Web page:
FCA Fiat Chrysler Automobile Serbia's purchasing chief says he believes the number of global automakers able to incorporate the myriad leaps forward in technology currently flooding the market will halve with Silicon Valley companies jostling for entry into a crowded market.

Alliances between already-major companies have been in place for some time, but the scale of investment needed to embrace the rapidly-evolving world of mobility may see mega-manufacturers reduce from 12 to six, although not everyone agrees.

"Everybody knows Google already made something like 1.5m miles, they are going in this direction very seriously," FCA Serbia purchasing director, Miodrag Ognjanovic said at this week's Central and Eastern European Automotive Forum in Prague. "I also read somebody committed in the future supply of interiors will make revolution about batteries or electric components – obviously the market is going in this way.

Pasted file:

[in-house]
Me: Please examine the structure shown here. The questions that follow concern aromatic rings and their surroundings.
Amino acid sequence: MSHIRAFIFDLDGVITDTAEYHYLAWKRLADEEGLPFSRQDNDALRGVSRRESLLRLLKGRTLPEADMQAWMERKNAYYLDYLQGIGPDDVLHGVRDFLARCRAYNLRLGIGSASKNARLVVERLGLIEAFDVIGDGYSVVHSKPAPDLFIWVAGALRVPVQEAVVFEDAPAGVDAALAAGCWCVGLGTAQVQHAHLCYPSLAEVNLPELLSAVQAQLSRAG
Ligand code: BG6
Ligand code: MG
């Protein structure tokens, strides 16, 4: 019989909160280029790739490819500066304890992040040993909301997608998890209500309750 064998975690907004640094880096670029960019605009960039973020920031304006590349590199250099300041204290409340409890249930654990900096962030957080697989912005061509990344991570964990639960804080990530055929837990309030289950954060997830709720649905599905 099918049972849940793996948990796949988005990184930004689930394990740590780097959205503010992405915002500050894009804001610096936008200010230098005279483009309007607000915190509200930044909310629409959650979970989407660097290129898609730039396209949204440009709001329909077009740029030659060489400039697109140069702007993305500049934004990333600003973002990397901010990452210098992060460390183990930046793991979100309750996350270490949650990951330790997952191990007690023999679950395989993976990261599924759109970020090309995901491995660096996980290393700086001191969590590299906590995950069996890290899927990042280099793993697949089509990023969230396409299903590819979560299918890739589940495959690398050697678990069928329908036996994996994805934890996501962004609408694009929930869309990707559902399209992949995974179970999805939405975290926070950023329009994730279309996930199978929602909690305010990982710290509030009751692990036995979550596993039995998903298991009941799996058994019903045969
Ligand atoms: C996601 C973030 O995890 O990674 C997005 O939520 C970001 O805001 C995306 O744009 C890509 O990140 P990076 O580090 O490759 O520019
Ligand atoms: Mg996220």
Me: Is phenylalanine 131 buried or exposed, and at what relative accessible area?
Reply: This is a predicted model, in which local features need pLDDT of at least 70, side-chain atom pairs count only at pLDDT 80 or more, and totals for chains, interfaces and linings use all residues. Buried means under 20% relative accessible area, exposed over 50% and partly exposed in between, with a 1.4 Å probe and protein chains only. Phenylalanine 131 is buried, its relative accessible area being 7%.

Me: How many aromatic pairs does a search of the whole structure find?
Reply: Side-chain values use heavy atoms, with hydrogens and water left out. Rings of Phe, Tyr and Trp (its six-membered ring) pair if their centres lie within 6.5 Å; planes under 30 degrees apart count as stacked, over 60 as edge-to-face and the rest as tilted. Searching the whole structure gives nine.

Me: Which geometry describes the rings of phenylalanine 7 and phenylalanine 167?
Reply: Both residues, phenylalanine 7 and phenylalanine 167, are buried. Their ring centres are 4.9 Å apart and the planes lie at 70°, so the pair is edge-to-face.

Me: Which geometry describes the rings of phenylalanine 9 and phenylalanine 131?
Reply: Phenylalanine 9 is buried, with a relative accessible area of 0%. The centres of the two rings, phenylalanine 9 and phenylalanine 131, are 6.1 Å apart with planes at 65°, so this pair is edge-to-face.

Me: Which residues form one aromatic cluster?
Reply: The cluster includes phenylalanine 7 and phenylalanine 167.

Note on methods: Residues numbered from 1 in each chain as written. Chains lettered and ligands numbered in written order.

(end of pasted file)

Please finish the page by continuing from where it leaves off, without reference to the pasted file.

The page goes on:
"For sure we expect from 12 carmakers, the number will be reduced by half, merging to exchange know-how in order to be ready completely for the new challenges and exchange know-how, which is extremely necessary for some level of renaissance of future trends."

Ever-increasing advances in technology however, will present their own supply chain issues as customers will still insist automakers deliver on time, despite the upped level of kit on board.

"We have to pay attention also to the supply chain because nobody wants to lose clients," added Ognjanovic. "Clients want more complex orders – we have to satisfy requests from clients.

"In order to avoid increasing the price of suppliers, we have to work together to be ready for specific requests. In Serbia we have to verify because we are expecting large investment in order to follow these technologies.

"Are we going to have stable exchange rates in the future for this region? Economies controlled by the State – are all of them becoming open markets. Are we investing…to the right levels of equipment…in order to be aligned with the new technology."

The importance of Central and Eastern Europe was evident through the number of purchasing managers present in Prague this week, with the clear advantage of the major availability of labour at significantly reduced costs driving many OEMs such as PSA Groupe and myriad suppliers to base themselves in the region.